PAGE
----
The growing reliance on mobile devices is creating new opportunities and tensions throughout the technology industry. Internet companies such as Yahoo Inc. and Facebook Inc. that initially designed their digital services to be primarily consumed on PCs have been scrambling to tweak things so they work better on smartphones and tablets.

But the companies most threatened by the mobile upheaval are those that depend on PCs to make most of their money. This group includes technology heavyweights such as Windows maker Microsoft, PC makers Hewlett-Packard Co. and Dell Inc. and PC chip maker Intel Corp.

“It’s time for these companies to make some critical decisions and ask themselves, ‘How are we going to turn this ship around?”’ said technology industry analyst Patrick Moorhead.

Microsoft Corp. CEO Steve Ballmer thought he had come up with a tonic last fall when his company released a radical new version of Windows last fall. Windows 8 has a completely new look that’s similar to the design of the software running the most popular smartphones and tablet computers. The overhaul requires a relearning process, a leap that many consumers and corporate buyers aren’t ready to take.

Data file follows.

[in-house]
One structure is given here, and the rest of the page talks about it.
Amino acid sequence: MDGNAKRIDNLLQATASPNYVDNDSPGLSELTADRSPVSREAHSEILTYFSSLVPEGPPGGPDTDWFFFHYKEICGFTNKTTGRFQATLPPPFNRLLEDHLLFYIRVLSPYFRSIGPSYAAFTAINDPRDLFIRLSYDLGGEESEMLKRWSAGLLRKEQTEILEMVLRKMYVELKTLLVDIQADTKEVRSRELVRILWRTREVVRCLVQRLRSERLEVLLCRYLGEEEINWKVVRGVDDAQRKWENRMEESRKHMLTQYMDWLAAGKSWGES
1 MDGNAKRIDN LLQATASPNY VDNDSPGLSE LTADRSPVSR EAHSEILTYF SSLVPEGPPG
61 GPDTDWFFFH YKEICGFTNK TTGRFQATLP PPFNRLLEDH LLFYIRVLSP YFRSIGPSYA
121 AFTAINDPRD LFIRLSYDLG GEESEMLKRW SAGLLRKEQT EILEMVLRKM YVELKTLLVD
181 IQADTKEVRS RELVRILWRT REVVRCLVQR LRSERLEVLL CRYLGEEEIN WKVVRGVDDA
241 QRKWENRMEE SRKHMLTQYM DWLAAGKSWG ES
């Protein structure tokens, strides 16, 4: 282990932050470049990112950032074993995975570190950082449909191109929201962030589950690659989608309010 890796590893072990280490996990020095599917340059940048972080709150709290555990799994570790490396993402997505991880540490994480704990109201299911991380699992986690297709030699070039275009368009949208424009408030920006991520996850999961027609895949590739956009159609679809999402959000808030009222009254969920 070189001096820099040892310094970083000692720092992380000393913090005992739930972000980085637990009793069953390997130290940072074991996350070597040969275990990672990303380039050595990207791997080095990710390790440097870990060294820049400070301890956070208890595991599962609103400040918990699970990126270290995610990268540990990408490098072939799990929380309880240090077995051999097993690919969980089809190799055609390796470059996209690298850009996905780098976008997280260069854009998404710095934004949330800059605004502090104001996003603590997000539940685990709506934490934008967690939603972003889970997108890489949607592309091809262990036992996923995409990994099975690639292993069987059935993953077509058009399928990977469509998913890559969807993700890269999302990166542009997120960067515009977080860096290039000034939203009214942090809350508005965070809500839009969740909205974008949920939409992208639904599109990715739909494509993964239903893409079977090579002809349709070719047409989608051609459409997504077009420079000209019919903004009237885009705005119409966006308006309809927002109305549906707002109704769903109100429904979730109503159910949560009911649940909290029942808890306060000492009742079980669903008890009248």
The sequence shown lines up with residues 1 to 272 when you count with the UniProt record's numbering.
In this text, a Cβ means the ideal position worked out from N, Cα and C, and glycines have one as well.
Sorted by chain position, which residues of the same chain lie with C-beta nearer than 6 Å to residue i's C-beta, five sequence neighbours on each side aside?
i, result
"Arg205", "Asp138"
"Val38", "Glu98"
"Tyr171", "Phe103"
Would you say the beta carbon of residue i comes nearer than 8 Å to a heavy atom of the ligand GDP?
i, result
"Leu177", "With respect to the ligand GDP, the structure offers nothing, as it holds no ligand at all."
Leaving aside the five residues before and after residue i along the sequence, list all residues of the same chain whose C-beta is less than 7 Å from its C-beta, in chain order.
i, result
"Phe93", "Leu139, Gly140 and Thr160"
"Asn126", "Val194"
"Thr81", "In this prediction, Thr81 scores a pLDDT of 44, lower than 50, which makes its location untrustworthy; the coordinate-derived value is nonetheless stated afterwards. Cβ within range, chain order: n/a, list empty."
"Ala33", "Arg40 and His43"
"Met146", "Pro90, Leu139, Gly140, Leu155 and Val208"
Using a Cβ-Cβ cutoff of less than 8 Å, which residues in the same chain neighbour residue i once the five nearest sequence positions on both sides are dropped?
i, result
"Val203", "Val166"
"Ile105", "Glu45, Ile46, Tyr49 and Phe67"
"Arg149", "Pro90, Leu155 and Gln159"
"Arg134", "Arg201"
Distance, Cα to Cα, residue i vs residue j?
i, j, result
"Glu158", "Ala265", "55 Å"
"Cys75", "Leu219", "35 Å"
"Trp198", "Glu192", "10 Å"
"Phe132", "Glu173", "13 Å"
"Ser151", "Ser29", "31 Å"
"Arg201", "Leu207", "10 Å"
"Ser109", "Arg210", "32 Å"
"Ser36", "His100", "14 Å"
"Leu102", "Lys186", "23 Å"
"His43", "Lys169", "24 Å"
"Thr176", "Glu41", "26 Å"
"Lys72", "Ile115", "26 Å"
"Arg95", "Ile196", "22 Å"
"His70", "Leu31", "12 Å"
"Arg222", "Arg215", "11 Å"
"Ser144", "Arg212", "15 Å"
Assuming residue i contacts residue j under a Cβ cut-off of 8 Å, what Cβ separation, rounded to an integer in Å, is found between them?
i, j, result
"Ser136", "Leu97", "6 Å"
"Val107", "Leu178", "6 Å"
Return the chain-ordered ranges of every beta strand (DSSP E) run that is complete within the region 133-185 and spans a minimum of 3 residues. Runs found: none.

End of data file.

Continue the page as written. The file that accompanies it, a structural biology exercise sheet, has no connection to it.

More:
All signs so far point to Windows 8 being a flop.

“Unfortunately, it seems clear that the Windows 8 launch not only didn’t provide a positive boost to the PC market, but appears to have slowed the market,” IDC Vice President Bob O’Donnell said.

The newest version of Windows is designed to work well with touch-sensitive screens, but the displays add to the cost of a PC. Together, the changes and higher prices “have made PCs a less attractive alternative to dedicated tablets and other competitive devices,” O’Donnell said.

In a statement, Microsoft described the PC market as “evolving and highly dynamic.” Referring to a number that it has previously released, the company said it has sold more than 60 million copies of Windows 8 so far. That is “a strong start by any measure,” Microsoft said. “Along with our partners we continue to bring even more innovation to market across tablets and PCs.”

In its tally, IDC excludes tablets, even if they run PC-style software. It also excludes any device that has a detachable keyboard. With the release of Windows 8, PC makers have been reviving their experiments with tablet-laptop hybrids, some of which have detachable keyboards. Consumers are likely to have shifted some of their buying away from traditional laptops and toward these new devices, which means that the total sales decline of Windows-based devices might not be quite as drastic as IDC’s numbers suggest.

Hewlett-Packard., the world’s largest PC maker, saw a 24 percent drop in shipments in the first quarter compared with the same period a year ago. That was HP’s steepest quarterly decline since the company bought rival PC maker Compaq a decade ago.

Meanwhile, the industry’s No. 2, China’s Lenovo Group, is benefiting from sales to first-time buyers in China and other developing countries. As a result, it held sales steady, alone among the world’s top 5 PC makers, according to IDC’s figures.